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ionstream
06-21-2006, 02:22 PM
Hello! I'm trying to make an OpenGL based vector drawing library, similar to Cairo or Antigrain. Since I have a limited knowledge of scanlines and rasterization and the like, but a good knowledge of OpenGL, I've decided to use that to create my library. Since a good vector library needs gradient fill support, I will need to implement this. The problem is that I don't know exactly how to go about doing this. I could create a texture that contains the gradient texture, but this will limit the quality of the gradient fill for large objects (mipmapping can only do so much). Another problem with that is that generating the gradient texture may be very slow, especially for radial gradients. Does anyone have any suggestions as to how to fill objects with a gradient? Thanks for your help!

muratmat
06-22-2006, 01:28 AM
Hi ionstream, if you are interested in accelerated 2D vector graphics, you can't miss Amanith ( http://www.amanith.org ); it does all nice things you are looking for, in pure OpenGL.
Cya!

mjkrol
06-22-2006, 05:09 AM
I am not sure I understand you, ionstream.
OpenGL does linear interpolation of colors, so you get gradients for free if you set different colors for vertices.
If complex linear gradients are needed, just tesselate your 2D geometry.
Non-linear gradients (like your radial gradient) can be achieved with fragment shaders (see GL_ARB_fragment_shader and GL_ARB_fragment_program specs). Or, if fragment shaders are not supported, tesselate the geometry even more.

dolf
06-22-2006, 12:08 PM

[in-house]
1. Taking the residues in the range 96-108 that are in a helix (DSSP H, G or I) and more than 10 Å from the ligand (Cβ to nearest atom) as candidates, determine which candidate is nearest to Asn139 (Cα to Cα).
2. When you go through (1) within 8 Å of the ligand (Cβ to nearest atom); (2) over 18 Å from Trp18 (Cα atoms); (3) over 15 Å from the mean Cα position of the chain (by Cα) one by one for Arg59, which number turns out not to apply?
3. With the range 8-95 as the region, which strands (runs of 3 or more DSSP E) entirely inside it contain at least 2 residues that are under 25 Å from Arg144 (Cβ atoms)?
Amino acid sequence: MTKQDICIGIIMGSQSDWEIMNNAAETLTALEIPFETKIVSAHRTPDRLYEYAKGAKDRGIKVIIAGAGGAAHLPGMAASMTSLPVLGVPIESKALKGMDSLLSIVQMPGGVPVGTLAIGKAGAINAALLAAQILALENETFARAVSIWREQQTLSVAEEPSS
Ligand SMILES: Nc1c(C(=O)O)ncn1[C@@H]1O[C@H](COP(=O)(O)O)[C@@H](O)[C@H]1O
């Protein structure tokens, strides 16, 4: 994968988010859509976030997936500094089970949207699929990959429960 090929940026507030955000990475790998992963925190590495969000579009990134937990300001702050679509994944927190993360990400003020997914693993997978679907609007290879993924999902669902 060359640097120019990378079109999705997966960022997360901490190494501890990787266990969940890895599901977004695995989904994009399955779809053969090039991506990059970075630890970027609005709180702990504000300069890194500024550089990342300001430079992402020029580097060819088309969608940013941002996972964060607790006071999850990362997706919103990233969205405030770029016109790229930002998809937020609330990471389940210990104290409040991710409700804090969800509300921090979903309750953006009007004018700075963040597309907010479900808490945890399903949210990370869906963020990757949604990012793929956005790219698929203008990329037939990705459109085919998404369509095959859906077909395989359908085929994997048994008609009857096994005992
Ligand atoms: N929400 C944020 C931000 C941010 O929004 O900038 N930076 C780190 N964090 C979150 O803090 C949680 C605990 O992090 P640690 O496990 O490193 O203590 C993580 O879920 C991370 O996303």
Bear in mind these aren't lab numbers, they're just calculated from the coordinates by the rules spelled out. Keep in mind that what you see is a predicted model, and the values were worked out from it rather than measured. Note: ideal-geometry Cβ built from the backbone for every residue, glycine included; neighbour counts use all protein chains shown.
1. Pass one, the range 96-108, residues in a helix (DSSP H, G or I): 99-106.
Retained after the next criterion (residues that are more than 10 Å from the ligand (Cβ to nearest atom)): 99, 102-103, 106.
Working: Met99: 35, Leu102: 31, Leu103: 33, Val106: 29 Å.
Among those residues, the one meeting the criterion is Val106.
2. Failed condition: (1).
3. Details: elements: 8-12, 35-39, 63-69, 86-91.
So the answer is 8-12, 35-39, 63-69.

Linear gradients are trivial. Generate a 1D texture, and assign 1d texcoords to all your mesh vertices increasing linearly along the progression direction of the gradient.

All other gradient types (talking about those in GIMP e.g.) require an inner point coinciding with the vortex/center of the gradient. 1D textures suffice too. Again, texcoords for each vector are assigned as the gradient direction increases. Spirals and conical gradients require that the center point gets rendered multiple times, once for each edge that emanates from the center.

I'll leave the texcoord generation as a puzzle for you. Write to adolf_mathias@web.de for a spoiler.

Just did a quick check in Blender to verify what I wrote. Looks nice!

ionstream
06-22-2006, 12:41 PM
Hi ionstream, if you are interested in accelerated 2D vector graphics, you can't miss Amanith ( http://www.amanith.org ); it does all nice things you are looking for, in pure OpenGL.
Cya!Thanks for the link, but I don't like LGPL'd stuff because of the licensing restrictions. Not that I'm using it for commercial purposes anyways, but I feel I should be free to :) .

I think I'm going to take the fragment shader route, as mjkrol suggested, but I am going to look into these fabled 1D textures. Thanks for all your help!